Through Middle-earth, you mean? Every movie kind of you reflect the story that you’re telling. And this story is the story of a little Hobbit crossing over to the other side of the Wild and coming back. It’s there and back again. And we all feel that. We all kind of felt that, getting on the plane, landing in New Zealand – like, “Jesus. What is this stunning place?” And going into costumes and kind of learning who our characters are and finding ourselves looking at Ian McKellen dressed as Gandalf the Grey, and then having a drink with Ian McKellen later that week and hear his incredible stories of his life in the theater, and hearing Billy Connolly, who I could listen to tell stories and jokes for hours and hours, and kind of taking a walk on the beach with Evangeline Lilly. I mean, it just takes on that kind of “there and back again” quality. You have this kind of incredible adventure, and then you go back to Hobbit den.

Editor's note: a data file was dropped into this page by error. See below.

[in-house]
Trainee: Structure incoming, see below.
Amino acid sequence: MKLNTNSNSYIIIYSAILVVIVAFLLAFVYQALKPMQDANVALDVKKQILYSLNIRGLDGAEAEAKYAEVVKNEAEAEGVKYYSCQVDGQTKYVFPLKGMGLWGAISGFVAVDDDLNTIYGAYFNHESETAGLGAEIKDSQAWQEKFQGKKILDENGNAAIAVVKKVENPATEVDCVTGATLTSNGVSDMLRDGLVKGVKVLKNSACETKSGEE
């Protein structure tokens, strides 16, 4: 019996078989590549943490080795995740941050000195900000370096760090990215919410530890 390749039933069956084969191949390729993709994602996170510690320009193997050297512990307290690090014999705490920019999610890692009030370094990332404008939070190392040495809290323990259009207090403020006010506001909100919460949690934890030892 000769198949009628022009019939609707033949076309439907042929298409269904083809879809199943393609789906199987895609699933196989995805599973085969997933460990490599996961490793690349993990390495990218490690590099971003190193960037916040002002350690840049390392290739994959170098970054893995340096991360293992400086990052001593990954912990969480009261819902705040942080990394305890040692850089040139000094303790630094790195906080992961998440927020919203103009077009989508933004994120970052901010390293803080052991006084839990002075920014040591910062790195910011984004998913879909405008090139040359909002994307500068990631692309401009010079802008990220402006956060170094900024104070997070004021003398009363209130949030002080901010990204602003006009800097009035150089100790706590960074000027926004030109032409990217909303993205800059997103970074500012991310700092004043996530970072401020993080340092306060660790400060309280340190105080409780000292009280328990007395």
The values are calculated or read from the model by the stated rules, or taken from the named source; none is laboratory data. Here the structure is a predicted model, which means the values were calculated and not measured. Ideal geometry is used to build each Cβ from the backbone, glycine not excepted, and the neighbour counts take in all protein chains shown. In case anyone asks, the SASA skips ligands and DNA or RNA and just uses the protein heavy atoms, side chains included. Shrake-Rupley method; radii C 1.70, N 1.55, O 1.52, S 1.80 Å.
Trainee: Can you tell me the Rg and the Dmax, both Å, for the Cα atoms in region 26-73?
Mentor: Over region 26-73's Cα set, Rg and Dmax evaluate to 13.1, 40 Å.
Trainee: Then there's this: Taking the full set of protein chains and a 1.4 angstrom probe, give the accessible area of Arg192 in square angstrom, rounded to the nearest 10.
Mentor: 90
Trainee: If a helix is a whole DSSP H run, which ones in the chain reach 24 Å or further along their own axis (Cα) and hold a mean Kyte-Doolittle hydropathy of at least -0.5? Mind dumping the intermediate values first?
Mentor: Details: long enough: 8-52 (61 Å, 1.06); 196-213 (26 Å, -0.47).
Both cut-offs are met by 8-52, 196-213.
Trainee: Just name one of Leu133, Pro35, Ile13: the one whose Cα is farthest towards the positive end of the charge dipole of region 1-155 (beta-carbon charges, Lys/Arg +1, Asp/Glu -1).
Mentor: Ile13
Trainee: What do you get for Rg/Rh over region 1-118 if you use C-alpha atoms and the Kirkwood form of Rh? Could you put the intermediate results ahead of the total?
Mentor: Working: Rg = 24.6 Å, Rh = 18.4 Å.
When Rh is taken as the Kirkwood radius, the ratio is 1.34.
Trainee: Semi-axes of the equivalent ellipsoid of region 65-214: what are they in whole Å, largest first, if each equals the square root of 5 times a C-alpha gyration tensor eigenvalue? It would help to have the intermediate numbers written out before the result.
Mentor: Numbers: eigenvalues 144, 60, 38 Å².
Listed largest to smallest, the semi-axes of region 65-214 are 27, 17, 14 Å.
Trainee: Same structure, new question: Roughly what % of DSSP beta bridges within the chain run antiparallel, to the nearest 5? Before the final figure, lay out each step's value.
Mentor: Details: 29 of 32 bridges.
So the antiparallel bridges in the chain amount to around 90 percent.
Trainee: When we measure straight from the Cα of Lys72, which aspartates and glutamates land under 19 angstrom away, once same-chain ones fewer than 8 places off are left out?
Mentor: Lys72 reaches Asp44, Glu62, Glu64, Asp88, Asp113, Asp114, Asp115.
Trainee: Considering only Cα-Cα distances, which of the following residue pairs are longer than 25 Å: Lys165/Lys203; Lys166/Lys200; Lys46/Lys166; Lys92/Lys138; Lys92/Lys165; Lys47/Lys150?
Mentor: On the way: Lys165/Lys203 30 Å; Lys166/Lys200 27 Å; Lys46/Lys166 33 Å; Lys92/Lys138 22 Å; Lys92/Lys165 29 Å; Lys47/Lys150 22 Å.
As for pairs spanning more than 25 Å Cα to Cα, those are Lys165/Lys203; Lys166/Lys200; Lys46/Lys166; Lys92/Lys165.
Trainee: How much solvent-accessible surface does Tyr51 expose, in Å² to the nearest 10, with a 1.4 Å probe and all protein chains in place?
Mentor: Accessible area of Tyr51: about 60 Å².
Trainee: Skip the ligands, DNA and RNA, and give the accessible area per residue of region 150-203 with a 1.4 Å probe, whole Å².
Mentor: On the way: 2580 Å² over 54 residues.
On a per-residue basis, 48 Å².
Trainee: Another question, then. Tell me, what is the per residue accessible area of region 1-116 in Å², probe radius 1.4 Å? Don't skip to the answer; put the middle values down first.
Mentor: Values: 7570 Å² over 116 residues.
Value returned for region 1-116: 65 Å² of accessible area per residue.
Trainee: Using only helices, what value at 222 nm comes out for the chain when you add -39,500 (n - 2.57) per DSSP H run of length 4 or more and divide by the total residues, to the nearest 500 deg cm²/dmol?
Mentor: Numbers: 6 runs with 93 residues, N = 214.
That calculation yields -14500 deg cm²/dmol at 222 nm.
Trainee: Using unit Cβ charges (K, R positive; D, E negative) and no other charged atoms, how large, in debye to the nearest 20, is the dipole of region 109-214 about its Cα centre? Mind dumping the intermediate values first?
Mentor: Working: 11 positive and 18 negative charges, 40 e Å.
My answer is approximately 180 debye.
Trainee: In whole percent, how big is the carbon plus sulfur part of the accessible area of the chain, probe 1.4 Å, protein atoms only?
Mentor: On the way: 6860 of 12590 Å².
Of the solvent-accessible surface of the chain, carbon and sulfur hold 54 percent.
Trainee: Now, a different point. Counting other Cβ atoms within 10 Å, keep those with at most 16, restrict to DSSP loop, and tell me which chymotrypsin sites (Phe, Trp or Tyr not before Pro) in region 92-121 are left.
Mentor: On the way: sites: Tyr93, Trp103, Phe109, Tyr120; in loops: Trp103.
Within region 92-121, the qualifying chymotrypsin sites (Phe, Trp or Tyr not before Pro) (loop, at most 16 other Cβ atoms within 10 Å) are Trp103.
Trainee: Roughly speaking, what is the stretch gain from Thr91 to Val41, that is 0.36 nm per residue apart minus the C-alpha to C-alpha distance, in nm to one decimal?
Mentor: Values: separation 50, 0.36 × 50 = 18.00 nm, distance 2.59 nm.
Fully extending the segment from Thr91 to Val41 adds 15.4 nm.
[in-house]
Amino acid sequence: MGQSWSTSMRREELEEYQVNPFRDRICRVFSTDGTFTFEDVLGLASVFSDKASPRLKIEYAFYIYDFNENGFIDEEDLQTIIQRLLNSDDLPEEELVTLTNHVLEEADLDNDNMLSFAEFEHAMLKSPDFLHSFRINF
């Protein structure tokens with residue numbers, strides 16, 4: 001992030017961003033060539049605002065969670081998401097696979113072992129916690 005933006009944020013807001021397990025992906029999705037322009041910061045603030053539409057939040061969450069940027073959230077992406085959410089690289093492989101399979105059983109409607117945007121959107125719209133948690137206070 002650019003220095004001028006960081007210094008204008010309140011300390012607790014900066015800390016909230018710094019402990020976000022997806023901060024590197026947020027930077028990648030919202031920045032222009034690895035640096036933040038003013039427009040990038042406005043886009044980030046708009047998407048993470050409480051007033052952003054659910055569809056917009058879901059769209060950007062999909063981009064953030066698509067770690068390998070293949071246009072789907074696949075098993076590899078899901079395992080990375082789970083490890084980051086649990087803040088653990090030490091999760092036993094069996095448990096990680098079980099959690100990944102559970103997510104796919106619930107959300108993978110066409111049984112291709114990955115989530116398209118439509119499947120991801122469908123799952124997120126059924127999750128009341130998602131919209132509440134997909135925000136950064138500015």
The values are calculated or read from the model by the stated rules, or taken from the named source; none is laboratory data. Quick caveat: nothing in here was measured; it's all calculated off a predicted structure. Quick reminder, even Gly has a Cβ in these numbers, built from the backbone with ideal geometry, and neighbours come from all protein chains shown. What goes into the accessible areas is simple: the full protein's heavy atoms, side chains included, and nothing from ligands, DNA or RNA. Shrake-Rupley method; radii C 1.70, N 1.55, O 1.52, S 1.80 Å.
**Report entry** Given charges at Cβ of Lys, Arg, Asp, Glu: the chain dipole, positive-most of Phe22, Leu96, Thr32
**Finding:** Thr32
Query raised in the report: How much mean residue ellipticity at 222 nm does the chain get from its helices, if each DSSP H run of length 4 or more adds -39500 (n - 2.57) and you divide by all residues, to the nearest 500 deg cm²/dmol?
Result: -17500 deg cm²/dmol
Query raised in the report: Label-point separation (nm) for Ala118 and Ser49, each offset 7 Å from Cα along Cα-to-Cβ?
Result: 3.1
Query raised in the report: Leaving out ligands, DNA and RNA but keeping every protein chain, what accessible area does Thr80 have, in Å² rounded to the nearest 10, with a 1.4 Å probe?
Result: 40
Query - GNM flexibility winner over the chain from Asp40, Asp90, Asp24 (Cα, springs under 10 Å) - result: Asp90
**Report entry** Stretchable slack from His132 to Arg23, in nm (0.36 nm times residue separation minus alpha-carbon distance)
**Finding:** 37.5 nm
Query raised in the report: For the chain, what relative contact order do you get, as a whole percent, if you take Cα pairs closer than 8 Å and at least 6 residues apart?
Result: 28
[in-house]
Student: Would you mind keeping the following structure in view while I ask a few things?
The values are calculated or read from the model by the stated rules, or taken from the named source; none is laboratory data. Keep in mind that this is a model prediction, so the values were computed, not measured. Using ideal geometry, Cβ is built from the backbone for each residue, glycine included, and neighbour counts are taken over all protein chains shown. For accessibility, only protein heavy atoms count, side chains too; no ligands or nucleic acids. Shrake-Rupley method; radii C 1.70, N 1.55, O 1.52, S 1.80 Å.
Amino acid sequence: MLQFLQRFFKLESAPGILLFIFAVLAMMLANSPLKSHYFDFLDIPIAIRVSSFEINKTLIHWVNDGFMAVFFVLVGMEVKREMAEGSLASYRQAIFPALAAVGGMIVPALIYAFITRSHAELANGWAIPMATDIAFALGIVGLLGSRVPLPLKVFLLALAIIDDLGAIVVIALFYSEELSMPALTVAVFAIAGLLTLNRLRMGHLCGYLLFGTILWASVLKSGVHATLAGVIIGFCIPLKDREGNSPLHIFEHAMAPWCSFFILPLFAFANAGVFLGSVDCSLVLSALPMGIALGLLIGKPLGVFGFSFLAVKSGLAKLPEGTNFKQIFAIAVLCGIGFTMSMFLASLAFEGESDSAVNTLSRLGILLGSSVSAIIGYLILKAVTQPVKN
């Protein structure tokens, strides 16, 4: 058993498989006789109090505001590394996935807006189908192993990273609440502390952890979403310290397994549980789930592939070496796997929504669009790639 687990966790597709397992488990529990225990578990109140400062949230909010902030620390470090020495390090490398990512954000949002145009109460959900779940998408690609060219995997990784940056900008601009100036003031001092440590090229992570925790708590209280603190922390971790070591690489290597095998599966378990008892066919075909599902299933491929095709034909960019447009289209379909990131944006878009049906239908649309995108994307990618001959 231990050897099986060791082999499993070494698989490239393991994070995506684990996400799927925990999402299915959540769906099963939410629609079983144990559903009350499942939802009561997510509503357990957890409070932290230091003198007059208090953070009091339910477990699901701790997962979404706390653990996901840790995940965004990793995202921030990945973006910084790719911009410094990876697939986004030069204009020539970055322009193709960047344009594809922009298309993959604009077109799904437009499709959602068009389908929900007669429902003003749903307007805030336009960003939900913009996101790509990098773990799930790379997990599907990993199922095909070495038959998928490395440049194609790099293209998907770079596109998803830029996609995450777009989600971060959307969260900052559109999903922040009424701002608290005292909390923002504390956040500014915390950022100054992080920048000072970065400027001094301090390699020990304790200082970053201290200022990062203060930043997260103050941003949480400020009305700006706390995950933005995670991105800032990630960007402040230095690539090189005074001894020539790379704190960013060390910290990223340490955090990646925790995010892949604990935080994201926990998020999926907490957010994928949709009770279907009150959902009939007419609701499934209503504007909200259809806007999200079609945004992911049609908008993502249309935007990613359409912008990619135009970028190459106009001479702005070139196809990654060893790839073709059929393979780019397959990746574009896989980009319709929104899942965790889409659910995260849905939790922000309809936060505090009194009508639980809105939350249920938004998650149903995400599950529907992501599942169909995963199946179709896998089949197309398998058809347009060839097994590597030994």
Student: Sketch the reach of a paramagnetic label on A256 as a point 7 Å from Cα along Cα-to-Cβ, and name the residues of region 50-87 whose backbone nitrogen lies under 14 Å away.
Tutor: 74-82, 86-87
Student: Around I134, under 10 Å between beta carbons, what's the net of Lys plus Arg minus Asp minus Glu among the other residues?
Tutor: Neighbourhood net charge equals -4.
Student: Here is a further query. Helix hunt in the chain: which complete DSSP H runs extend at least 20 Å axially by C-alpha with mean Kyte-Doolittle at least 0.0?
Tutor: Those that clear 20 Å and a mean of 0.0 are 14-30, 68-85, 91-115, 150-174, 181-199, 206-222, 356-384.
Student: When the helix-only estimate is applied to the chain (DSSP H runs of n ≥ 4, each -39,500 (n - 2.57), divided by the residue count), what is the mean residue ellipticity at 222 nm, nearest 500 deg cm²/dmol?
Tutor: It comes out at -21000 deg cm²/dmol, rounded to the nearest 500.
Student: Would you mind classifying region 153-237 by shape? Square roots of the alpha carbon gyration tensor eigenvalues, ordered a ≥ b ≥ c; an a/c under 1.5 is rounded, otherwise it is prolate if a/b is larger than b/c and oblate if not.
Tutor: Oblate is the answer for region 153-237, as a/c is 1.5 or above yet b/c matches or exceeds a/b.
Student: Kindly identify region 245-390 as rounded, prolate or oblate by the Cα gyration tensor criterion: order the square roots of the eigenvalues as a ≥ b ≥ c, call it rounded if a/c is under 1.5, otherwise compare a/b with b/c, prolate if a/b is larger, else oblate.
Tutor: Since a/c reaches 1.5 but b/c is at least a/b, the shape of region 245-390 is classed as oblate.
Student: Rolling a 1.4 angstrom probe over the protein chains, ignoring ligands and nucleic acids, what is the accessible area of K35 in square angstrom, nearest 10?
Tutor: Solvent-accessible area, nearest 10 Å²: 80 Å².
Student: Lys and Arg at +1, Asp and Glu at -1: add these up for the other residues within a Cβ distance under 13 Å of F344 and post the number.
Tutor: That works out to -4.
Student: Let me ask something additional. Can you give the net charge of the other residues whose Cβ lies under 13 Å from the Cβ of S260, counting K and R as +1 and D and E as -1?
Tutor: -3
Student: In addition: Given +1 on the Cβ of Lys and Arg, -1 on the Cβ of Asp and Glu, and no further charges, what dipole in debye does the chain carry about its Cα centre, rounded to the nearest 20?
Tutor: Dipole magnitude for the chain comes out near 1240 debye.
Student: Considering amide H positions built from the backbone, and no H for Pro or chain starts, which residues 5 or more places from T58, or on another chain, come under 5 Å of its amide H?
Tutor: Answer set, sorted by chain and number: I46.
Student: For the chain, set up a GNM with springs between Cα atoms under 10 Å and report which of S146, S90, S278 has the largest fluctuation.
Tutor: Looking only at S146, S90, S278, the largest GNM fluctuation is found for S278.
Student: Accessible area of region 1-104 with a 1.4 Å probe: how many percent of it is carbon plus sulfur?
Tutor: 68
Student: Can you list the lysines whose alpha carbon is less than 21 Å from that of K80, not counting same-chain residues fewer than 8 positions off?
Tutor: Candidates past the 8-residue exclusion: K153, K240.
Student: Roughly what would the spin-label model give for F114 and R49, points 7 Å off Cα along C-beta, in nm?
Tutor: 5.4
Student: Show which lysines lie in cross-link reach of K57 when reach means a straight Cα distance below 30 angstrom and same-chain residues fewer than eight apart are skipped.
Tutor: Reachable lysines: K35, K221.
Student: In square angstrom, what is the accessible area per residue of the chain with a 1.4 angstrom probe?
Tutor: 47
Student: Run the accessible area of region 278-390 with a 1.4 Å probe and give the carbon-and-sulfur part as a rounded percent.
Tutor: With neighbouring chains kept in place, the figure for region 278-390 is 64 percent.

But it’s like that with every movie. Your life kind of absorbs a little bit of the themes of the thing that you’re doing in a way that is really interesting. I’m grateful that the themes of this movie were kind of so uplifting. I do feel like I’ve kind of come out of it with a little bit of courage and a bit of – I trust myself as an actor a little bit more because I had someone I respect like Peter Jackson enjoying what I was doing. You know what I mean? Enjoying the character that I was coming up with. It’s a very special experience going to New Zealand to make these movies.
The Hobbit: The Battle of the Five Armies opens Wednesday nationwide.